pediatric practice billing

2012 Pediatric Practice “To-Do List” or Establishing Goals

December 22, 2011 in Billing and Collections by support Team  |  2 Comments

As we head to the end of 2011, it is a good time for administrators of Pediatric Practices to establish goals for the practice. To establish appropriate goals, the practice needs to take some inventory on how they are doing in different areas of Pediatric Practice Management. Some of these areas include:

Practice Growth: What is the average growth rate in new patients to the practice per month in 2011 vs. 2012? How can the practice increase the growth rate? Does the practice have appropriate staffing to manage the growth rate of the practice? What are the total patient visits in 2011 vs. 2010 and % change? Was there a change in average revenue per patient visit? What marketing channels should the practice invest that provide the best return on investment? Which marketing channels in the past has yielded the best return?

Patient Satisfaction: Does the practice have a formal or informal feedback system related to patient satisfaction? If the system is informal, it is important to establish a formal patient feedback system that can help the practice identify areas to improve. If the system is already formal, in what areas has the practice increased their patient satisfaction versus last year? What areas has the practice decreased patient satisfaction? Some areas to consider are front desk interaction, Medical Assistant/Nurse Interaction, Physician/Provider interaction, website, tools and treatments. Evaluate the patient satisfaction scores by provider. There can be good feedback to provide a specific provider on how to improve their impact with patients.

Provider Satisfaction: Which providers are most satisfied with treating patients? What are their drivers to obtain optimal performance? Which providers are least satisfied with treating patients? What are the reasons for their level of satisfaction (e.g. patient interaction, challenging patients, call schedule, disconnect between their expectations of position and actual position)?

Billing & Revenue Cycle Management Operations: What is the collection rate for the practice? Is this above or below the Medical Group Management Association (MGMA) benchmarks? What systems can the practice implement to further improve the collection rate in 2012? What is the cost of paying the Billing Company or Billing Staff (remember with own staff to include cost of facility space, postage, taxes, management time for billers)? Is this cost above or below the MGMA Benchmarks?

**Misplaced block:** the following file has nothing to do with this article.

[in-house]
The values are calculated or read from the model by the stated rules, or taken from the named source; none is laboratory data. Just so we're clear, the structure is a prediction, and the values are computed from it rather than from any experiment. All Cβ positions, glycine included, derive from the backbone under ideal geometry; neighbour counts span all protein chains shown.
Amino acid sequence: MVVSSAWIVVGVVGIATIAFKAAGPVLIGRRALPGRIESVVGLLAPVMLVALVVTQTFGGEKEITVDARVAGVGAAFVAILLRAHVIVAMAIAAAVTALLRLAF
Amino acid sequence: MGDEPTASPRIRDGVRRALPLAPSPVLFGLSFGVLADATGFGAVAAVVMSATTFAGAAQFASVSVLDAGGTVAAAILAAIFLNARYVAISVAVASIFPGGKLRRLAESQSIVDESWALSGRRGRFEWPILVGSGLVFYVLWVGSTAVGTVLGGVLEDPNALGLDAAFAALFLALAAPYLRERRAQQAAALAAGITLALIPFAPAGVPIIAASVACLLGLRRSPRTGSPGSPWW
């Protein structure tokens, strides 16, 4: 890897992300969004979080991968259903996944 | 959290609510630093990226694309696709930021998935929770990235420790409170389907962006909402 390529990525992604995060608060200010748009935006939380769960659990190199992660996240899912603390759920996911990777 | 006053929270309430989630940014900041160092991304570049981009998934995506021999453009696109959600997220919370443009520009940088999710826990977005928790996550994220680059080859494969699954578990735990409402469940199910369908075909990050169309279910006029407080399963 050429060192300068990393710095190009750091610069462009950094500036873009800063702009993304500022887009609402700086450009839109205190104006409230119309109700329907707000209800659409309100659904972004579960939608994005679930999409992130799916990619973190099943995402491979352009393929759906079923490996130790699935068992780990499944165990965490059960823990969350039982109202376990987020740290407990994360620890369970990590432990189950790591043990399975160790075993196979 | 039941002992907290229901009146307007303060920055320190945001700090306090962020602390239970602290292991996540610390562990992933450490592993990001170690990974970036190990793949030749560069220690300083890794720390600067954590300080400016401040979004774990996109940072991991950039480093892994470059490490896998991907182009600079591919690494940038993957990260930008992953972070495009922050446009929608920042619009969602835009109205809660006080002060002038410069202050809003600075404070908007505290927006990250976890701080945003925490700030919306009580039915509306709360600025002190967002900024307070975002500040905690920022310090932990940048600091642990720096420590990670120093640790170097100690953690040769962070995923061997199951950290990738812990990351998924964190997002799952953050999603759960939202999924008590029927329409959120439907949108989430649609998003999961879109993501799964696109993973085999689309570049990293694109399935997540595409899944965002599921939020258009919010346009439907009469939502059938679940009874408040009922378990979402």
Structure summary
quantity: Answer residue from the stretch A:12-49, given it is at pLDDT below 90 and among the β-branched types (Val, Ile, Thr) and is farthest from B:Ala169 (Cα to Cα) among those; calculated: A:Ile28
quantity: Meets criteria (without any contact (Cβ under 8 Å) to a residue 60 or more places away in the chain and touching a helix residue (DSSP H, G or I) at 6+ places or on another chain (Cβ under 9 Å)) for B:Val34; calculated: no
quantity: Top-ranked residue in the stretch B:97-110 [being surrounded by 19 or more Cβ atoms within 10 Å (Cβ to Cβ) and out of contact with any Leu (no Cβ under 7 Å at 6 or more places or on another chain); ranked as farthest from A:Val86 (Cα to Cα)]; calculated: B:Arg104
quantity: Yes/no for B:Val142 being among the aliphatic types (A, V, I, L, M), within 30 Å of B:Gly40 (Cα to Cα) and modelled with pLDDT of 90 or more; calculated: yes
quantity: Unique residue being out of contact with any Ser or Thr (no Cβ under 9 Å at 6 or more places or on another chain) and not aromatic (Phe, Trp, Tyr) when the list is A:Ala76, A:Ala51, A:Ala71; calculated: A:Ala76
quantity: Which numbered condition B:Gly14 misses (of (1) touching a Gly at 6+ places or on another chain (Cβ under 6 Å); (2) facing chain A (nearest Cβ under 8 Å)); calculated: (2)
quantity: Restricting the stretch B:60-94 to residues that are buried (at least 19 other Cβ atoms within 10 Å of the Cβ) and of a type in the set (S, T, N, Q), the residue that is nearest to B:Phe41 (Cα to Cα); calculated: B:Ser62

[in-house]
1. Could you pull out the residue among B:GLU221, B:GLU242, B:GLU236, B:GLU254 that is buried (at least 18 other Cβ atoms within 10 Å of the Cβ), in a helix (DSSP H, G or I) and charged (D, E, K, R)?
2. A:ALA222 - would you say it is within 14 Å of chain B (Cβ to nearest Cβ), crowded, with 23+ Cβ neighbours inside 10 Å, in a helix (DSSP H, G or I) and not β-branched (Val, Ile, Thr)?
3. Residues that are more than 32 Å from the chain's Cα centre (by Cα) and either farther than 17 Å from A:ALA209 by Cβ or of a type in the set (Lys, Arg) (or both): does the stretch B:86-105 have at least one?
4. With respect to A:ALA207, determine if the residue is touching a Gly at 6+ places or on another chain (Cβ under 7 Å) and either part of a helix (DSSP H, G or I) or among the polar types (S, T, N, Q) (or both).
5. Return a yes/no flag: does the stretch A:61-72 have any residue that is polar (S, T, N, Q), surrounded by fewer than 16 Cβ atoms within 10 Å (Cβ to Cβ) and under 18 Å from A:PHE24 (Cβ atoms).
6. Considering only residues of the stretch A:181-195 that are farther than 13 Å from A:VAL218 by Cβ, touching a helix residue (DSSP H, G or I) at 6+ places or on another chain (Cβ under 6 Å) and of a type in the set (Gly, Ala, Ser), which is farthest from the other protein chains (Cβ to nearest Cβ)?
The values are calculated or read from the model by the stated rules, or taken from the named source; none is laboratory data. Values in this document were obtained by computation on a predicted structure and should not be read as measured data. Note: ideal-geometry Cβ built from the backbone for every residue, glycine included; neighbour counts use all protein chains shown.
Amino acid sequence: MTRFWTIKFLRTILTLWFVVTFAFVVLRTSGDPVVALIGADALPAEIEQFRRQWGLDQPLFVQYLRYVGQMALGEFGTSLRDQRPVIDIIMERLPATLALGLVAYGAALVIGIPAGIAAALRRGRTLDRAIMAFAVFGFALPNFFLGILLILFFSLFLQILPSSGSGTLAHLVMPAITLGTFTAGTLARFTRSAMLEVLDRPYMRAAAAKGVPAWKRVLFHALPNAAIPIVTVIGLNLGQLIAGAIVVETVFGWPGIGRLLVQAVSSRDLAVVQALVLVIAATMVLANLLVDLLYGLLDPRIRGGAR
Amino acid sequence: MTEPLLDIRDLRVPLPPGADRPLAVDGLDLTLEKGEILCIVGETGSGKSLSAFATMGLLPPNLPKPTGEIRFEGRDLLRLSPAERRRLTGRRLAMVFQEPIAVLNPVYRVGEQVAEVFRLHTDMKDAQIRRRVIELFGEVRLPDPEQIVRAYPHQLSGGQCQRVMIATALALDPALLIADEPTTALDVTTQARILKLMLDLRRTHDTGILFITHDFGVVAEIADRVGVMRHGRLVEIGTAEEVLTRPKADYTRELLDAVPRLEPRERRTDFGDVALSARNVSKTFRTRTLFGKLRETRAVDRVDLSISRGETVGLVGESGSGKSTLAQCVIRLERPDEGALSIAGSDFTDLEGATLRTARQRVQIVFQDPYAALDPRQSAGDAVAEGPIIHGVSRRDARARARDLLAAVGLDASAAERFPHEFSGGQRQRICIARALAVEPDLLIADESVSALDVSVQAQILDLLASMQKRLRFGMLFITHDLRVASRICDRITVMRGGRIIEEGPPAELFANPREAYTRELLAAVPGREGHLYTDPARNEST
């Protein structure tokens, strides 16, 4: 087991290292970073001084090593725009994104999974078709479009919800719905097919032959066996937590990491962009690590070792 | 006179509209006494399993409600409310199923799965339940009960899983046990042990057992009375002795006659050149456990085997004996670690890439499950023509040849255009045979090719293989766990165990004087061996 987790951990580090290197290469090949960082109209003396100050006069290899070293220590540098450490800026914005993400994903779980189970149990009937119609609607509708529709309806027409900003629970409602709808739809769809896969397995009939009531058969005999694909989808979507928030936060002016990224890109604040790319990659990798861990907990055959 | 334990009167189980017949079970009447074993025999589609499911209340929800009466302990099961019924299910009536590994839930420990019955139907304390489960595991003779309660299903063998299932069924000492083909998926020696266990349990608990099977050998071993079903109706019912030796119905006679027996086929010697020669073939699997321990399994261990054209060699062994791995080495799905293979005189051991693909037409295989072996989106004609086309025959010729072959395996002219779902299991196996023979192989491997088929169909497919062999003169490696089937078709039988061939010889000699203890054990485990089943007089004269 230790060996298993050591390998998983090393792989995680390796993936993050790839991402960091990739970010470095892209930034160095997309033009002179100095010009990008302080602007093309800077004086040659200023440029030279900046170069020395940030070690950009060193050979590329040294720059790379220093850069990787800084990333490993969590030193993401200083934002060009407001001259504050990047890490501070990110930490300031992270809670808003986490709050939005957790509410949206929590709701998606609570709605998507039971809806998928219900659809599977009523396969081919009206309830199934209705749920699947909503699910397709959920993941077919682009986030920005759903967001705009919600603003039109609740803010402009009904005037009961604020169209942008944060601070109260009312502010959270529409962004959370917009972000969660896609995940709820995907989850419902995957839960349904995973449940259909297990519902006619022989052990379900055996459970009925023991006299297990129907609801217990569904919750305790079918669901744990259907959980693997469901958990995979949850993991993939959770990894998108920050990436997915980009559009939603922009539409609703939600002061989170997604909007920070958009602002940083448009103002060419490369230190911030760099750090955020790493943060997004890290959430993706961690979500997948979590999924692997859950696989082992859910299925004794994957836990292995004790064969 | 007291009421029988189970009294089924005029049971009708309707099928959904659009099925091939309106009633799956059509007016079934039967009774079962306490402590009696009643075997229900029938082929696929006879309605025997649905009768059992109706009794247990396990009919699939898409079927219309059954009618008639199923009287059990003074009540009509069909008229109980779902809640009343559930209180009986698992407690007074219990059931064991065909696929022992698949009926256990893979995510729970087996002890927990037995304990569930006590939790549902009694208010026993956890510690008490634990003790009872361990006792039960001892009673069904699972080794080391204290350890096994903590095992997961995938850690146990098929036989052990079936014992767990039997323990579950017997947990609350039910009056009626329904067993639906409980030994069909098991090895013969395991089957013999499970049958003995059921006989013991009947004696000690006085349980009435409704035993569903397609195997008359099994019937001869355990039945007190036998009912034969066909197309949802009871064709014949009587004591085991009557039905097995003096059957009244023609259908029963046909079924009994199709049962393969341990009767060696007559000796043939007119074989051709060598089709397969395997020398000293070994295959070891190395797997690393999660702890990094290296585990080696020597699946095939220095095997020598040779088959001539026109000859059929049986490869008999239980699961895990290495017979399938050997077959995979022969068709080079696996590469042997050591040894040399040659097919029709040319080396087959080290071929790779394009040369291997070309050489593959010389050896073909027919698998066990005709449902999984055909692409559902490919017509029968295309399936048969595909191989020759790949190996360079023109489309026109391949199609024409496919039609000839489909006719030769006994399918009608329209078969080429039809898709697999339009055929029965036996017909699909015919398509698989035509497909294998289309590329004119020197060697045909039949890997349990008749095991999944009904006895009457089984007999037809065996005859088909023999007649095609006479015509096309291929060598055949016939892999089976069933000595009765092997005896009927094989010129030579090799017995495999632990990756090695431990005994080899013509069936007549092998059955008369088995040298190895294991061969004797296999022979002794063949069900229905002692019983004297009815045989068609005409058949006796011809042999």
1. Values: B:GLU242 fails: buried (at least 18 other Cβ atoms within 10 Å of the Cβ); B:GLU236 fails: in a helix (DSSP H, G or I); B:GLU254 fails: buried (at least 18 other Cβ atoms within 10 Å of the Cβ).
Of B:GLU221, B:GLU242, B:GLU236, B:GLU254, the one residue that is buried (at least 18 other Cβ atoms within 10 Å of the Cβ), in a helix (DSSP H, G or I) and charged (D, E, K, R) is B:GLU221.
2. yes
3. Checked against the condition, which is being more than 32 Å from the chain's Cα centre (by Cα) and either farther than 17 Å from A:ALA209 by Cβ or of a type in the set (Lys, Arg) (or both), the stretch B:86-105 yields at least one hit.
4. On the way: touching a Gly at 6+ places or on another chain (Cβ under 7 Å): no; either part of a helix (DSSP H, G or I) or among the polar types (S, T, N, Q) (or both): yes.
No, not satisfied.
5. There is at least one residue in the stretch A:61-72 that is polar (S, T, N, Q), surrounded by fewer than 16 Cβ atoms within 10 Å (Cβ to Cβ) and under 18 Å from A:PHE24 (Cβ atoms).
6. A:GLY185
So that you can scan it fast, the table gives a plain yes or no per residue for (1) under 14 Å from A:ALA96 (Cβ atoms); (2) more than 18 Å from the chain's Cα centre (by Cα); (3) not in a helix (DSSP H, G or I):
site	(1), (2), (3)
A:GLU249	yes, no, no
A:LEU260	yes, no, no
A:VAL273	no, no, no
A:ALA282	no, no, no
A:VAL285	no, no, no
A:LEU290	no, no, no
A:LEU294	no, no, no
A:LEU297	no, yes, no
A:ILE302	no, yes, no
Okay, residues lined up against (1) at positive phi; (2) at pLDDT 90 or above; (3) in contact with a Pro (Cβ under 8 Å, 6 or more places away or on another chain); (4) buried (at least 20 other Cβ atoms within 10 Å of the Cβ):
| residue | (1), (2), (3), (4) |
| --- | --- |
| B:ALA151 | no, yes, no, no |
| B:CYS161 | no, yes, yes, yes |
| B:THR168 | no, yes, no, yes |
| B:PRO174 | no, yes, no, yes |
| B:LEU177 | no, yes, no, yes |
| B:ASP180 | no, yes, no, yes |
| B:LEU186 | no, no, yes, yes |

Update Practice Charges: This is a good time to review all the CPT codes on the super bill and make updates in the billed rate as well as cash rate. Also, include a plan that requires a review of the insurance contracts and reimbursement rates for the top 4-6 carriers. The insurance company, in general, will pay a reimbursement rate that is the lowest of the Billed amount or the contract amount with the insurance company. There are practices that have not updated their billed rate whom send bills to the insurance company that is below their contract rate. A strong billing team will be able to manage this appropriately and proactively. Physician partners should verify this each year by obtaining a list of the CPT codes, the current billed rate for the practice.

Cost Structure: Review the primary cost items to the practice. How can the practice appropriate reduce overhead expenses while still providing high-quality care? Some areas to review include: leases for facilities, general and Malpractice insurance, telephone charges, supplies, vaccines, general office equipment. Health plans are just beginning to understand that higher overhead does not mean higher quality care. In fact, there is an acticle in the Boston Globe on December 20,2011 titled “Insurer to Reward Patients for Finding Cheaper Care” – Harvard Pilgrim plan seeks to reduce costs.
The article provides some background on what is occurring in the state of Mass: “Two reports from Attorney General Martha Coakley over the past two years have documented disparities in what hospitals and doctors are paid by insurers for the same services.” If this is just the ‘start’ then there could be a major change in payments which would benefit high quality Pediatric Groups with lower overhead (regardless of size).

Being proactive on the 2012 goals for the Pediatric Practice early in January of 2012 should help the practice optimize the benefits of these results.